[55] For the two parameters representing within-pixel variability of growth triggers, Tr, and tr, we only differentiate Tr by PFT, with one control parameter for trees and shrubs and one for grass. Here, we assume a larger spatial variability for the larger group containing trees and shrubs. There is only a single control parameter for tr. Finally, equation image, the structural LAI limit, is 5 as in the work of Knorr [2000], and ξ is 0.5 d−1, which describes rapid leaf sprouting where 97% of the maximum LAI has been reached after one week.

[56] We assign rather large uncertainties in the region of 30–50% to most of the new parameters, considering the values of those parameters are known only approximately. The remaining Parameters 1–24 were adopted from the previous version of CCDAS with prior values and uncertainties taken from Scholze et al. [2007]. The most important ones in the context of this study are those controlling Vmax (1–7), the maximum capacity of the enzyme that fixes the atmospheric CO2 and makes it available for further metabolism.

4.3. MERIS FAPAR and Input Data

[57] We assimilate daily data from the Level 2 FAPAR land product derived from the Medium Resolution Imaging Spectrometer (MERIS) of the European Space Agency (ESA) at the operational resolution of 1.2 km for the period June 2002 to September 2003. Square 15 by 15 pixel scenes have been processed that are centered at the position of the six sites previously introduced (see Table 6, except Aardhuis which is contained within the Loobos scene). We have used Google Earth imagery to identify areas of uniform cover type around the centers of the scenes and have selected rectangular subscenes of those original scenes, which were then spatially averaged. The extent of those subscenes (in km) and the number of valid daily data points after averaging are listed in Table 5. The fraction of days with valid data is highest in the tropics (32% for Maun) and lowest at the northern boreal site of Sodankylä (17%). We use an uncorrelated data uncertainty of 0.1 irrespective of how many pixels where used in the spatial averaging of the FAPAR pixels [Gobron et al., 2008]. Thus, Cd in equation (1) contains only diagonal elements with values of either 0.12, or ∞ if no data are available for the day and site concerned (in practice set to a very large value).

[58] As described elsewhere [Knorr, 2000], the model is run with daily precipitation, minimum and maximum temperatures and incoming solar radiation. The data were generated through a combination of available monthly gridded and daily station data (R. Schnur, personal communication, 2010) by a method by Nijssen et al. [2001], using gridded data from the Summary of the Day Observations (Global CEAS), National Climatic Data Center and the latest updates of gridded data by Jones et al. [2001] and Chen et al. [2002] and using the available data nearest to the site. Input data related to soil and vegetation characteristics have already been described in section 4.2.

5. Results

5.1. Calibration and Uncertainties

[59] In the setup described in section 4.3, the minimization of equation (1) is carried out three times from three different starting points, and the procedure is repeated on two different computers. All six minimization procedures converge to the same minimum. The minimization starting from the prior value takes 30 iterations to reduce the cost function J from 822.4 to 468.3 and the norm of its gradient by more than seven orders of magnitude from 209.8 to 1.76 × 10−5. The FAPAR observations lead to a substantial reduction of uncertainty (by 10% or more) in ten directions in parameter space (Table 4).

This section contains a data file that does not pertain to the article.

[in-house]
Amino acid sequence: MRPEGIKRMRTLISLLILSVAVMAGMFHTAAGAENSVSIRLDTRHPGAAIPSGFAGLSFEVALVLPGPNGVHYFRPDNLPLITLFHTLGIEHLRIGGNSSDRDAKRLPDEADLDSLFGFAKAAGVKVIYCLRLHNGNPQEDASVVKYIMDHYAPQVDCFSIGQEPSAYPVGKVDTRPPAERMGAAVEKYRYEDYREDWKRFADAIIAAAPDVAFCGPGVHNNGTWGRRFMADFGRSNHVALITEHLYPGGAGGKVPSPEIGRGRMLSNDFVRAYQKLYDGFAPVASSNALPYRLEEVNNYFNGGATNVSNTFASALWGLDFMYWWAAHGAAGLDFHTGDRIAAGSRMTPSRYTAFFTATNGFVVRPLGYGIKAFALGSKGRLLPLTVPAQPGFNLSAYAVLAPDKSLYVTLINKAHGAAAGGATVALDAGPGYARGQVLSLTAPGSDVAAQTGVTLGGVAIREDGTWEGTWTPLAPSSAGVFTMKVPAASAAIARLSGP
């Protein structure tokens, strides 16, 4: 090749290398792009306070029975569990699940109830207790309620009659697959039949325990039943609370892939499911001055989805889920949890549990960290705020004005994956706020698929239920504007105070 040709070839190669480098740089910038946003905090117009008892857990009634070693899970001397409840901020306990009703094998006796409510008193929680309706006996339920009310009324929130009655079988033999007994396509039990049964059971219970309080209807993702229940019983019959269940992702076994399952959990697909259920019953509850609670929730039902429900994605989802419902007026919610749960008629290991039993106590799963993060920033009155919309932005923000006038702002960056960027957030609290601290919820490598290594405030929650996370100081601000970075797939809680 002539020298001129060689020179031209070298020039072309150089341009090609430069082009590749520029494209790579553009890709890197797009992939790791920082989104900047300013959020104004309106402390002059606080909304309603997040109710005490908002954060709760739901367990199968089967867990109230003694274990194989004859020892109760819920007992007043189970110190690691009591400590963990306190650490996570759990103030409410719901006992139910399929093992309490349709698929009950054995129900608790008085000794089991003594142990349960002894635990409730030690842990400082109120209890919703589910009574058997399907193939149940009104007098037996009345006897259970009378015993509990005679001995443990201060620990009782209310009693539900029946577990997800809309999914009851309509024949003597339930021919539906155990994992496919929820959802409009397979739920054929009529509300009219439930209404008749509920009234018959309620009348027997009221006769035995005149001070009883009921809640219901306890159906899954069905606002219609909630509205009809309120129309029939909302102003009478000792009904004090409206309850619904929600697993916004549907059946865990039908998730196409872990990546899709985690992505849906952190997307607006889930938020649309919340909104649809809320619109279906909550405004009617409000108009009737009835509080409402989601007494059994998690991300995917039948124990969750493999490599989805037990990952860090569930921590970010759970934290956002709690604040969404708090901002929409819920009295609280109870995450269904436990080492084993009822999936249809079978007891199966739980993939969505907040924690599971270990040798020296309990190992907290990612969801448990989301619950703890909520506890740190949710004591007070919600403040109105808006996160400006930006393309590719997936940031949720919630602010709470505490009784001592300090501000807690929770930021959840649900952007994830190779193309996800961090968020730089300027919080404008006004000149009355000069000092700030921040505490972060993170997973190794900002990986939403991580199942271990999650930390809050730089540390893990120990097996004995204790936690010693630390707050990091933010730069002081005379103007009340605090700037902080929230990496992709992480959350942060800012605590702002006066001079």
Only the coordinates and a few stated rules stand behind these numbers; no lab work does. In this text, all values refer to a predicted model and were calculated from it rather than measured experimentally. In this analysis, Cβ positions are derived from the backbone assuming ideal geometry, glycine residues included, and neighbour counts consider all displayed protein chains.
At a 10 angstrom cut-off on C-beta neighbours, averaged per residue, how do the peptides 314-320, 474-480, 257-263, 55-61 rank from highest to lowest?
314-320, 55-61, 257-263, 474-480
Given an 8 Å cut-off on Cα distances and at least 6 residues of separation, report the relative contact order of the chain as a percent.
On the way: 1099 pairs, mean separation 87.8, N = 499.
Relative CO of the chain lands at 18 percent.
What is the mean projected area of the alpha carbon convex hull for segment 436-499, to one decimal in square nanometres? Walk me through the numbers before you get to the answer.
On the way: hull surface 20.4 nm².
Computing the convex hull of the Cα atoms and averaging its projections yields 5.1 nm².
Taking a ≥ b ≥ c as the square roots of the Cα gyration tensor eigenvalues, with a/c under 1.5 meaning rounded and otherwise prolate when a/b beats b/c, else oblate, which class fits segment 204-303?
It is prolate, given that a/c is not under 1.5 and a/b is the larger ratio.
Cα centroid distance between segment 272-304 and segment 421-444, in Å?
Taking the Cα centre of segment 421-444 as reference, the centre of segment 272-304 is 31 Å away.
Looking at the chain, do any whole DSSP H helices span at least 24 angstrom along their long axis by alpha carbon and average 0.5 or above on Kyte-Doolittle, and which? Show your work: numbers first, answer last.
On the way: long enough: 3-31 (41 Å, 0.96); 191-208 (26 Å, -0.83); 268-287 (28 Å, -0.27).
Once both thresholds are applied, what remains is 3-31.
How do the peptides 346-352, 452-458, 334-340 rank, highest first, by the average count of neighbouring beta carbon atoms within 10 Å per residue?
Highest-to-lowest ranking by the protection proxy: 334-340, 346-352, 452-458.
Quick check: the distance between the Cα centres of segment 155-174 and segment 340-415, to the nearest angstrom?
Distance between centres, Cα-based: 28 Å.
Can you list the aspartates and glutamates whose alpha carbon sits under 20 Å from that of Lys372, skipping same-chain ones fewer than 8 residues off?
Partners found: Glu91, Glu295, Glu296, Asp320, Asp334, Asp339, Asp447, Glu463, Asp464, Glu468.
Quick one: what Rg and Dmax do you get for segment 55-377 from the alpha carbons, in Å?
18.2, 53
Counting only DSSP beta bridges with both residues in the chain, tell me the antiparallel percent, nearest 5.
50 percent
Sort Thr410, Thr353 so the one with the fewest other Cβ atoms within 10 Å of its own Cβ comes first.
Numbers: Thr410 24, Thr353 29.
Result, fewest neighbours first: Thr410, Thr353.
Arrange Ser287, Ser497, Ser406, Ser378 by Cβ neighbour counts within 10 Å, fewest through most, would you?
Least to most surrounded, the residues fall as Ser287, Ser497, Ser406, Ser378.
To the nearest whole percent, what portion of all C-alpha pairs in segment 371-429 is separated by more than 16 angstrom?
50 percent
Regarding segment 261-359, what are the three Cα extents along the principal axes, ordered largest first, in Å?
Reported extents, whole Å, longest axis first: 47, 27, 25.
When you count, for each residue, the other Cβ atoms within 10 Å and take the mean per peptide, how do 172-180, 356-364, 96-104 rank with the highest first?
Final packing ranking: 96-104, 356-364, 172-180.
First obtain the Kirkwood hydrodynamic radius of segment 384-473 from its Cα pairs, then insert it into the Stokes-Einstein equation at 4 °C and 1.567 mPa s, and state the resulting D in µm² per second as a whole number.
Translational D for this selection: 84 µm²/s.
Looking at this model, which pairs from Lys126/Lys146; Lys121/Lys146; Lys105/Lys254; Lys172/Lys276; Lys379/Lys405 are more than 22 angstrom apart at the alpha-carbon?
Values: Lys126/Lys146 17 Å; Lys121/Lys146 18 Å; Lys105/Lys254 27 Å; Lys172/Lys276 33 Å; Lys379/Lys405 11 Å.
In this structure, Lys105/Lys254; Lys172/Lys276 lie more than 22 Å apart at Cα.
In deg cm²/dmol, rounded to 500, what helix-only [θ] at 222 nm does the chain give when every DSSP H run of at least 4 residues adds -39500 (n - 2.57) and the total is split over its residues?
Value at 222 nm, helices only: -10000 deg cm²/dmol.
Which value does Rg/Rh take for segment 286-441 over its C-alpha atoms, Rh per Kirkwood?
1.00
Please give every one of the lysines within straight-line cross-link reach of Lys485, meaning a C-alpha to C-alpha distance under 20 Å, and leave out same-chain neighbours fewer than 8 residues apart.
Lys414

[60] Not surprisingly, most of the uncertainty reduction goes to parameters of the leaf phenology, namely: inverse leaf longevity (kL, Parameters 34 and 35), the parameter describing adaptation to the expected length of dry periods (τW, Parameters 36 to 38), the temperature threshold for leaf onset (Tequation image, Parameter 26 and 28), the spatial variability for grasses (Tr, Parameter 30) and the critical photoperiod (tc, Parameter 31).

[61] Except for grasses, parameters describing the spatial distribution of leaf onset or shedding are not or negligibly constrained (Parameters 29, 32), and so is the leaf growth parameter, ξ. We do not gain information on the phenology of understorey shrubs either (Parameter 27). The maximum leaf area index (Parameter 25) is also relatively little constrained. At high LAI, changes in LAI of the order of one or two can have little impact on FAPAR because FAPAR has already reached a value approaching its theoretical maximum (close to one). As a result, the uncertainty of the satellite-derived FAPAR is too large to resolve LAI values in the range of 4 to 5 [Gobron et al., 1997].

[62] Finally, a considerable reduction in uncertainty (by >10%) is only found for one physiology parameter, namely Vmax25 for PFT 2, which only occurs at Maun. We note that Maun also has the largest number of valid data points (see Table 5).

5.2. Fit to Observations

[63] After assimilation, we found overall good agreement between data and observations considering the assumed data uncertainty (Figures 2 and 3). There are, however, a number of issues that remain to be addressed: the model overestimates the growing season length of the two grassland sites, the agreement for Manaus is less satisfactory, and there are frequent outliers in the data, notably around days 200 and 350 for Loobos. We suspect that the poor match at Manaus and the outliers are both due to remaining contamination by clouds not captured by the MERIS FAPAR algorithm, in particular cloud shadows, which are more difficult to detect than clouds themselves. We also note that the satellite data indicate an early spring greening at the Hainich forest site that is not captured by the model, even though the deviation is only slightly beyond the uncertainty range of the data. For the grass sites, it is interesting to note that the fit is better at Hainich (not included in the assimilation, root-mean-squared deviation of 0.165 at optimum) than at Aardhuis (deviation 0.267 at optimum), which was included. At Hainich, the model captures the summer drought in 2003 very well, better indeed than for the forest site, where the decline in FAPAR is less pronounced in both FAPAR and model. At both grass sites the algorithm overestimates the length of the growing season.